Theo Van Rysselberghe
The Mediterranean at Le Lavandou
Oil on canvas
81.5 x 65.5 cm
Gift of the Marion Smooke, Los Angeles, to American Friends of the Israel Museum, In memory of Nathan Smooke
Accession number: B92.1430
Theo van Rysselberghe, the most famous fin-de-siècle interlocutor between French and Belgian Neo-Impressionism, was born in Ghent on November 23, 1862. Theo’s parents lived in bourgeois comfort and did not oppose their son’s artistic bent. An affinity with cultural pursuits ran in the family and was embraced also by Theo’s older brothers, Charles-Jules and Octave-Joseph, who became architects, the latter building an international reputation as a pioneer of Art Nouveau design. In his teens, Theo enrolled at the Académie van Beeldende Kunsten in Ghent and around 1880, moved to Brussels, where he became a pupil of Jean-François Portals, director of the Académie Royale des Beaux-Arts. In 1881, Theo exhibited two portraits and a landscape at the Brussels Salon. His early academic style was appreciated and in the following year he received a study grant that took him to Spain and Morocco.
Van Rysselberghe’s youthful rebellion against academic training dates from 1883. On October 28 of that year, alongside painters such as James Ensor and Fernand Khnopff, he became a co-founder of Les Vingt, a Belgian avant-garde exhibition society committed to the exploration of new stylistic frontiers. In the mid-1880s, van Rysselberghe worked again in Spain and especially Morocco. In 1886, he traveled to Paris with his compatriot, the poet and symbolist ideologue Emile Verhaeren. In Verhaeren’s company he visited the Eighth Impressionist Exhibition and there saw Georges Seurat’s La Grande Jatte (1884─1886). That magnificent painting opened a new aesthetic horizon to van Rysselberghe and before long, thanks to Verhaeren’s introductions, he became a committed member of the Neo-Impressionist circle that revolved around Seurat and his disciple, Paul Signac. By 1888, van Rysselberghe had adopted the Pointillist technique, though he never embraced Neo-Impressionism’s formulaic appendices, the color theories of Charles Blanc, O. N. Rood, and others. Signac became one of his closest friends and together, through the 1890s, the two organized Neo-Impressionist shows in France and Belgium. Together with Henri-Edmond Cross, the duo also explored France’s southern coast with its brilliant light and colors, and there created some of their best work.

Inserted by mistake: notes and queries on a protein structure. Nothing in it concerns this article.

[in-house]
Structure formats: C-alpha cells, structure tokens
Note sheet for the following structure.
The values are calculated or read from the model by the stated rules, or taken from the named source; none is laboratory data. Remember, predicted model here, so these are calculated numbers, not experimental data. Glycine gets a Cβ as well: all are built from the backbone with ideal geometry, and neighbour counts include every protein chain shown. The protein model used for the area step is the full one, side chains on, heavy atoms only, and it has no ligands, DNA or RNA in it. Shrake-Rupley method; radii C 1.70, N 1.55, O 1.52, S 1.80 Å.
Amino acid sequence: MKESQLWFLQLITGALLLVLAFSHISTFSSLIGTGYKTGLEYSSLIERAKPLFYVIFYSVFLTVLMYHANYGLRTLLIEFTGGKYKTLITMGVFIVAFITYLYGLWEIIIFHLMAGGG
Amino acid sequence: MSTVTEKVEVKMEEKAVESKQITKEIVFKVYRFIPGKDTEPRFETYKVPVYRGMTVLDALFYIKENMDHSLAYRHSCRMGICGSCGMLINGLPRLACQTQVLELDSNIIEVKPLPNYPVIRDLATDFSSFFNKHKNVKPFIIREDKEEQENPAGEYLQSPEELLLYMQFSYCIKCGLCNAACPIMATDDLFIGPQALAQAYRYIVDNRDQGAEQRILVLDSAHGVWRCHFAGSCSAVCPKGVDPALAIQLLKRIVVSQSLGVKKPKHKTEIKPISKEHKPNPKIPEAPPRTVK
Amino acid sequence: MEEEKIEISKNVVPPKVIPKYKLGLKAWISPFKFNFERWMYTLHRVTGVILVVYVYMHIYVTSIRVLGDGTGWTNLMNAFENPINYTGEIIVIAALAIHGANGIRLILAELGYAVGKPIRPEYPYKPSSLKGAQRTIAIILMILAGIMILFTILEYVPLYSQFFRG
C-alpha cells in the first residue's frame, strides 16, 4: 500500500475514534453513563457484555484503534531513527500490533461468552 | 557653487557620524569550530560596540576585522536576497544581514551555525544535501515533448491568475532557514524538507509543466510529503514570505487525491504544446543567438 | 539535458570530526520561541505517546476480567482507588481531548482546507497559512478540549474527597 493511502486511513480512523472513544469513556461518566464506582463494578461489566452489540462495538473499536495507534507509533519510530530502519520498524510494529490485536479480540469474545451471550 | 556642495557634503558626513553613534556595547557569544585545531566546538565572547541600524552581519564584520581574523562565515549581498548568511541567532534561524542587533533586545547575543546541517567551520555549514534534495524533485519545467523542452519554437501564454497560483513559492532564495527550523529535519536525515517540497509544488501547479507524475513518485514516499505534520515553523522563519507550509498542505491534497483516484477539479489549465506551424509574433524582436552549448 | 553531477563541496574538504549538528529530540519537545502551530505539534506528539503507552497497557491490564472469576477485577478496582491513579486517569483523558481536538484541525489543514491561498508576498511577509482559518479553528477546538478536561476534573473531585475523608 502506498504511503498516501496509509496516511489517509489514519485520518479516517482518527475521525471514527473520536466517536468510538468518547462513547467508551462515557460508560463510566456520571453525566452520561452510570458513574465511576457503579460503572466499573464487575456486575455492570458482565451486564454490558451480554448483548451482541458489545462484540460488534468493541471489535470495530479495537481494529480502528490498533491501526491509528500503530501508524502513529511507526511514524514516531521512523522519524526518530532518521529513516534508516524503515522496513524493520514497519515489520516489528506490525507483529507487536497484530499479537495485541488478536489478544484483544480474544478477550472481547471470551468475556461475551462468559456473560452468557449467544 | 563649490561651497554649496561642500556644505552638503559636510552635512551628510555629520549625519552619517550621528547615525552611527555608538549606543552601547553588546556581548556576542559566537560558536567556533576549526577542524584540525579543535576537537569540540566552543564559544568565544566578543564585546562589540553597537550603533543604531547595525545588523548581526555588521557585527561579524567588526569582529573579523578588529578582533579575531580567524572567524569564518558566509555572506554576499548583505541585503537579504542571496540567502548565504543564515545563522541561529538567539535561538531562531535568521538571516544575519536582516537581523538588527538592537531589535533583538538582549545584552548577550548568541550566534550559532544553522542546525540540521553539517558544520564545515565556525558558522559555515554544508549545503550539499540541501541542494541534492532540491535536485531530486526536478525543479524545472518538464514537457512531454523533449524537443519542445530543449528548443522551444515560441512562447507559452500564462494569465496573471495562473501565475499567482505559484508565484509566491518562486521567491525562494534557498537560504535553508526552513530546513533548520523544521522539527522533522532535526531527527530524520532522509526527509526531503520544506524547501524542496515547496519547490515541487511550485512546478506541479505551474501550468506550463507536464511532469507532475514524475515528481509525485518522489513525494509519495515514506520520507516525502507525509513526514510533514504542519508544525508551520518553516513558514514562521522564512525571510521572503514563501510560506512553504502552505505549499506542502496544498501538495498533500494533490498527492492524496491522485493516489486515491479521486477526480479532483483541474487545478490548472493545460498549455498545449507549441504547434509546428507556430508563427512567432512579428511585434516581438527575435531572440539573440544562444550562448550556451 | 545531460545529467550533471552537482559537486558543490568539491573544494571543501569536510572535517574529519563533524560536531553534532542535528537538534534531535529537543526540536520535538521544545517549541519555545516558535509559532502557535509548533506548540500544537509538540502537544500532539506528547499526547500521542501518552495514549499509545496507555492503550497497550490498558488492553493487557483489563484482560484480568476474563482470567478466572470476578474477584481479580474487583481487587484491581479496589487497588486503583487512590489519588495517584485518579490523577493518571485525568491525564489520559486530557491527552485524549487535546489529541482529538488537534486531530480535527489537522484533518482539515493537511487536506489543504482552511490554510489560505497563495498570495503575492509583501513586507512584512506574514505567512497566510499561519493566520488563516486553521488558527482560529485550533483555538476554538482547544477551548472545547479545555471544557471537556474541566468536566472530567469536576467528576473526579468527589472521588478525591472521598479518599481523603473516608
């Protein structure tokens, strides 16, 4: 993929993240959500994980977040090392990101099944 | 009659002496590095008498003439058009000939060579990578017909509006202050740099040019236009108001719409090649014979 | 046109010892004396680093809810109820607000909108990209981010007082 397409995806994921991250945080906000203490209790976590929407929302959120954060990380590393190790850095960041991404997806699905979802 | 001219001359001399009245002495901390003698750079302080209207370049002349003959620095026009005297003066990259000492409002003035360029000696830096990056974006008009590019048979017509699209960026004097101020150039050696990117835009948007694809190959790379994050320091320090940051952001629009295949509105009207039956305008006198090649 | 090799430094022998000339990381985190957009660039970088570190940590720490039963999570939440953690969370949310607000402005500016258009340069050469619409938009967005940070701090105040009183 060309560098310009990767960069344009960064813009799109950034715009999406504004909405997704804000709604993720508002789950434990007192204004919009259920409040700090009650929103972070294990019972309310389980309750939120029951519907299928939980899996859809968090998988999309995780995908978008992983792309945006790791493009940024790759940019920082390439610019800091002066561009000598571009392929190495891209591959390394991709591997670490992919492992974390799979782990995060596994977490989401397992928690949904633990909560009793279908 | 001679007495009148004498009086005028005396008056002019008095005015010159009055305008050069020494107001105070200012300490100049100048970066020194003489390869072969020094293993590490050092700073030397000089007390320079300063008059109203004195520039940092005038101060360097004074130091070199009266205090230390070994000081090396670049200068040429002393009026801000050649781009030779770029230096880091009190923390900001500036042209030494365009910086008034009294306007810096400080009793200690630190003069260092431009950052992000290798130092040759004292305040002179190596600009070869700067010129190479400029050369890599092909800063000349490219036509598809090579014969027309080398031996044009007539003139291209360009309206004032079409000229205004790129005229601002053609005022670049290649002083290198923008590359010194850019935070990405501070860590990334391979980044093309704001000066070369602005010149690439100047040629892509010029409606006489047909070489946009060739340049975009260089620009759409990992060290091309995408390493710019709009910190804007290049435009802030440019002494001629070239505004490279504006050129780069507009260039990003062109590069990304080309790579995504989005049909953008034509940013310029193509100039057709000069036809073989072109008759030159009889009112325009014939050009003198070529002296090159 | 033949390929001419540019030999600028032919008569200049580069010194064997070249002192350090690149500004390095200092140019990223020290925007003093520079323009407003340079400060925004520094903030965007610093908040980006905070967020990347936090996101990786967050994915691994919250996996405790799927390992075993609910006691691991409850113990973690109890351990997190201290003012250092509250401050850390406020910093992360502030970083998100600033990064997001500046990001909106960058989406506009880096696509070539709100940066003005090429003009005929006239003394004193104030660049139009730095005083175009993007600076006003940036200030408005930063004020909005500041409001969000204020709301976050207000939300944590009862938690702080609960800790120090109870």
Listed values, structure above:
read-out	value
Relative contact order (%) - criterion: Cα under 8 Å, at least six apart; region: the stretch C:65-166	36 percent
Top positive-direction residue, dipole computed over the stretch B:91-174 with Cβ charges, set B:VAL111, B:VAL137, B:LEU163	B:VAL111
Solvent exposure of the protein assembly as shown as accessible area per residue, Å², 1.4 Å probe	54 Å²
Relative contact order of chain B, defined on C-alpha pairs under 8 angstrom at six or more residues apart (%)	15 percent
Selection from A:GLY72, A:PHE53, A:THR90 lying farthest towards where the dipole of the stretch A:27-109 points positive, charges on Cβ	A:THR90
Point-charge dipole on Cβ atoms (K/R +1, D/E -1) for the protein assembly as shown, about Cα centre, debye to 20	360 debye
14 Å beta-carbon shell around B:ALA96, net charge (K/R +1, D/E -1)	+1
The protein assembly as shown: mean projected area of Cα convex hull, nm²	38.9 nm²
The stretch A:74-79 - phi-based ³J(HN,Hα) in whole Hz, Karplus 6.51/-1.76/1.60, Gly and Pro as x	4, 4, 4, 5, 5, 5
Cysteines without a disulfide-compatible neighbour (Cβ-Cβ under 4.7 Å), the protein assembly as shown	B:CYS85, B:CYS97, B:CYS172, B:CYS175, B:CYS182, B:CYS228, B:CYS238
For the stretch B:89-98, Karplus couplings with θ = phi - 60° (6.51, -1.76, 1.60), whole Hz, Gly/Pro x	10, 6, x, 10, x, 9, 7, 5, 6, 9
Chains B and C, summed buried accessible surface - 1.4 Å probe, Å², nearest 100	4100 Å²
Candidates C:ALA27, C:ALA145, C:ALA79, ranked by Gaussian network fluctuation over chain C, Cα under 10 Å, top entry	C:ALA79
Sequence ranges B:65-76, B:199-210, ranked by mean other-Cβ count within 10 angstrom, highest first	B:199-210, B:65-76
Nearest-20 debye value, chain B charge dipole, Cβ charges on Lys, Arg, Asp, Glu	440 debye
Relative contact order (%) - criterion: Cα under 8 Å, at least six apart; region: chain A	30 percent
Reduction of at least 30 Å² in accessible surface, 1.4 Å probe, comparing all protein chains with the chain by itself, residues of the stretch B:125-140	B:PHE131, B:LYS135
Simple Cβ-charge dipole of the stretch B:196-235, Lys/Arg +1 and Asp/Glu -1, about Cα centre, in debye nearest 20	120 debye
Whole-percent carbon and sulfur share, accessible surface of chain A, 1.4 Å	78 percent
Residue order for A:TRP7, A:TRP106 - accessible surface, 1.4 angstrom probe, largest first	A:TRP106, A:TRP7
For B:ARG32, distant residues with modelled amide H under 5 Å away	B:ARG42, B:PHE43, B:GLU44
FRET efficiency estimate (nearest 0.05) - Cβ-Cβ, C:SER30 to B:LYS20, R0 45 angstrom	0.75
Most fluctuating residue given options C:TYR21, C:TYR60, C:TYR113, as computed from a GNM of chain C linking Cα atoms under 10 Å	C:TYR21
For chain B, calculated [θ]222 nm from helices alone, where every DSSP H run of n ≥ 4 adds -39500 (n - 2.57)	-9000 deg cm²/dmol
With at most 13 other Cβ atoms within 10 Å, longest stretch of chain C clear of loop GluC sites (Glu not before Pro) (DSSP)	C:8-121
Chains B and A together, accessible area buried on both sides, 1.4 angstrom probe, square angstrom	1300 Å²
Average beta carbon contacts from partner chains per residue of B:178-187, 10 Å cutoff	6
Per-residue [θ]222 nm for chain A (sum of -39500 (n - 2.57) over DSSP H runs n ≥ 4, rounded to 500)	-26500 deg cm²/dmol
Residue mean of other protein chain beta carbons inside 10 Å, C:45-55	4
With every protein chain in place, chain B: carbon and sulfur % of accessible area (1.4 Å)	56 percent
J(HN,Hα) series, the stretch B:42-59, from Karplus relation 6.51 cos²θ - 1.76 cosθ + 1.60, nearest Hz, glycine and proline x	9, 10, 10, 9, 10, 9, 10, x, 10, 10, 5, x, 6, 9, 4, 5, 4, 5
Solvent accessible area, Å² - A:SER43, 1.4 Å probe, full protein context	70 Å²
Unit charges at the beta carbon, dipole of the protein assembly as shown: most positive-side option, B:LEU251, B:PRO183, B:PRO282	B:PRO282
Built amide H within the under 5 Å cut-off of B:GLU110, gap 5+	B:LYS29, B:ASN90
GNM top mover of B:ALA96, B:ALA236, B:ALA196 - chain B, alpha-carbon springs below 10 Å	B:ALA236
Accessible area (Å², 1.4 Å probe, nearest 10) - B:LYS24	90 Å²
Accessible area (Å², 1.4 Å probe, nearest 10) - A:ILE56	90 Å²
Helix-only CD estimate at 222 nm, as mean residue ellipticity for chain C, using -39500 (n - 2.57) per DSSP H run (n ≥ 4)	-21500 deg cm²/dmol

The Mediterranean at le Lavandou, painted in 1904 at a scenic locale eighty kilometers east of Marseille, is a succulent example of van Rysselberghe’s late Neo-Impressionist style. It brings to the Museum’s collection a panoramic impression of the scenery and semi-tropical atmosphere — an admixture of southern sunlight and northern shadows — that lured so many modernist painters, from nineteenth-century realists to twentieth-century abstractionists, to the Côte d’Azur. The painting depicts one of van Rysselberghe’s favorite landscape motifs, the mountainous Provençal coast seen through the rhythmic dance of pine trunks and branches. The classical linearity of the former combined with the arabesques of the latter appealed to the Belgian painter whose early career bespeaks a desire to connect academic formulas with avant-garde experimentation. The Mediterranean at le Lavandou is a particularly fascinating work because it foreshadows van Rysselberghe’s later misgivings about Neo-Impressionism. Here the Pointillist brushstroke extolled by Signac already yields to drawing and purely atmospheric effects, becoming in the picture’s middle- and background only a footnote to the composition. By 1908, van Rysselberghe had abandoned Neo-Impressionism. His ties to southern France, however, proved more lasting. In 1910, van Rysselberghe settled in Saint-Claire near le Lavandou and until his death in 1926 drew inspiration from its landscapes.